Being “The American” among the locals while studying in France is certainly a unique experience in itself. You’re from a place that gets talked about a lot in the media, so everyone has their thoughts and opinions on where you live and what you experience. You’re similar enough to everyone else that you can fit in pretty well, but then something very culturally specific will happen and you’ll be lost.
In any case, I’ve become aware of several pros and cons of being “the American”.
1) Getting fed a lot.
You’ll be offered specialties from the region, given histories of certain staple foods and food-centered traditions, guided through cooking workshops on “crêpes flambées” (beware American kitchens, Alex’s crêpe flambée is coming soon!), and given taste tests of… just about everything. Big thumbs up.
2) Always having something to talk about.
The accent gives you away rather quickly, but thankfully for you, that means people will immediately either think you’re adorable, or their interest in your life will suddenly spike! There’s a potential for this to get annoying, but usually it makes conversation nice and easy. Besides, it can be a relief to talk about the states since it’s something you know so well compared to everything that’s going on in France.
1) Being assumed to not speak any French.
Once people find out you’re American, they will often either start speaking in English or they’ll say in French “oh that stinks for you because I’m terrible at English”! If you’re in France to speak and learn French as I am, this can be rather annoying. It doesn’t last for long after you continue to speak in French, however, in which time you will have created something else to talk about (your accent, the fact that you’re American and can speak French, etc.)
2) Being assumed to live off of McDonalds and Coke.
This is just an annoying stereotype that has to be dealt with. There are also the stereotypes of being extremely conservative, or only living in New York City. You just have to take pride in being proof that stereotypes are just stereotypes, while continuing to avoid stereotyping the French.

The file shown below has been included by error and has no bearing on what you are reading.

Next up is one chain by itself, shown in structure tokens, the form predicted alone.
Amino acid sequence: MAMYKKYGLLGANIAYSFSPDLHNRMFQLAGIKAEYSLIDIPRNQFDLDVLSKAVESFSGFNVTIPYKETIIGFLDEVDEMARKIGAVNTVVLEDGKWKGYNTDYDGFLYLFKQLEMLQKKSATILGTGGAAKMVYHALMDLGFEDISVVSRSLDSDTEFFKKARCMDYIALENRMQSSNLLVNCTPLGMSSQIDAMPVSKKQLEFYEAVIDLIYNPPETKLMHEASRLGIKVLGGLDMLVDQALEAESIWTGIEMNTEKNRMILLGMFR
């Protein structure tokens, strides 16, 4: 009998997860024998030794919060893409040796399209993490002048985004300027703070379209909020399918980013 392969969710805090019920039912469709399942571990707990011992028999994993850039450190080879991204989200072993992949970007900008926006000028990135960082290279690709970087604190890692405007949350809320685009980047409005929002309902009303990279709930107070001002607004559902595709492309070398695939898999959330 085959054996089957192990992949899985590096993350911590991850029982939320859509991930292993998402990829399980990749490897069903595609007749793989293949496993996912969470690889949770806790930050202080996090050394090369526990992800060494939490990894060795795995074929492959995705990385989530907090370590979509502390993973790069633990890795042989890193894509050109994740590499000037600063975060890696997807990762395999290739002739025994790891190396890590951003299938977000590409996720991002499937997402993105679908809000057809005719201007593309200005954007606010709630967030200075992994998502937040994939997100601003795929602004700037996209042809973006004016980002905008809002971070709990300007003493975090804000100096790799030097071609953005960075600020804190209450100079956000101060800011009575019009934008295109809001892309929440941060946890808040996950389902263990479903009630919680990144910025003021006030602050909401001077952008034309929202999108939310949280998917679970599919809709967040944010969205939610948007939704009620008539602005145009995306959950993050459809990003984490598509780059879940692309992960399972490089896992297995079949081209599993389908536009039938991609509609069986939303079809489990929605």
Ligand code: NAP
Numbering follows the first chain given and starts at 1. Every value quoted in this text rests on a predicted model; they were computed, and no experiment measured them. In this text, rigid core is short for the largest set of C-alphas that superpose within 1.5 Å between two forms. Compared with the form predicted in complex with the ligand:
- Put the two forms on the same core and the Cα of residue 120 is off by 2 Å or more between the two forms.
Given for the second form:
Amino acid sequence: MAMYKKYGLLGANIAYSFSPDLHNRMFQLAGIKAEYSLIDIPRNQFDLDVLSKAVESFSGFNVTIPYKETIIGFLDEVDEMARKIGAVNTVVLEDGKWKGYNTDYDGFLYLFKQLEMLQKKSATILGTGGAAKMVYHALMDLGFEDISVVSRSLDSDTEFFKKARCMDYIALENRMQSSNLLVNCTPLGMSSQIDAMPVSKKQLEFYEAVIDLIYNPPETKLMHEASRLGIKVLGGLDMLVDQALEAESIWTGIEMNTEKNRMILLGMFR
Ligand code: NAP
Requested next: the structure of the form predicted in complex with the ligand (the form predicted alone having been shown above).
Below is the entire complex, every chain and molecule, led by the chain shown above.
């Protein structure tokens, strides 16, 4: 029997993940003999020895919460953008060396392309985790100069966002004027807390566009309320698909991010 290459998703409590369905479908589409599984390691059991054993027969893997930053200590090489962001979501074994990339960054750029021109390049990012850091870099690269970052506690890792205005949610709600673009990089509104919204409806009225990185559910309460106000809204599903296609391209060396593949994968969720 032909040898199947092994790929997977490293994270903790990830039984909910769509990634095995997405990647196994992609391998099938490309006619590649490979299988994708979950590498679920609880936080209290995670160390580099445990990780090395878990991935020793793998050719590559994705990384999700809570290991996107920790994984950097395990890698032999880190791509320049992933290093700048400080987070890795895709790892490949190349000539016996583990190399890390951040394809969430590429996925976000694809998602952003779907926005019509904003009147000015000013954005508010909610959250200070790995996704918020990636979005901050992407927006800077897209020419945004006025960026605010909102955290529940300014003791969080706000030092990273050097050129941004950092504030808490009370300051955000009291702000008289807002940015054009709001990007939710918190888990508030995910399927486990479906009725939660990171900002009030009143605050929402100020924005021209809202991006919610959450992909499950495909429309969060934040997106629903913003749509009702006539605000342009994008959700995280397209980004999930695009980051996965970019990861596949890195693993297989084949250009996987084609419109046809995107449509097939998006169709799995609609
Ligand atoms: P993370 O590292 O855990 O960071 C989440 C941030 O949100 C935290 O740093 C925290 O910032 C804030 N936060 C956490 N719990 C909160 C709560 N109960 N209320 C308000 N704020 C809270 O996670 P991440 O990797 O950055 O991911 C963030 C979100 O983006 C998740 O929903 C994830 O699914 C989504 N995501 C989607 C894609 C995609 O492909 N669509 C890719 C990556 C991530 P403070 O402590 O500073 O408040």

And to get a little deeper…
Being “The American” makes me realize how very American I am. I lived in Saudi Arabia for the first half of my life and though I was born in the states and my parents are both American, I barely had any American friends and only visited the states during vacations. Since moving back to the states, and especially since going to college, I’ve gained an extremely American accent and picked up rather American mannerisms, mindsets and routines. Being in France has really pointed all this out to me.
Being in France has also made me realize how much of a presence American culture has abroad. You’ll get asked by a French person what type of music you like, you’ll give a genre, and they’ll list several American artists from that genre to see what you like more specifically. Better yet, you’ll hear an American celebrity mentioned in the media or in conversation here and then watch as it sparks a discussion about that celebrity’s personal life and career decisions. Most French people I’ve come across seem to know more about these things than I do.
Sometimes all this “being the American” business can be a little tiring or get a little old. That’s when you start to get a tiny bit of perspective on how it can suck to feel like a minority in a group. Thankfully for me, that’s also when I have either my American friends to go to or my French pals who are interested in me beyond the surface of my Americaness: people that I can just chill with on a couch to watch their favorite shows – whether it be the dubbed version of How I Met Your Mother, or the French subtitled version of Game of Thrones.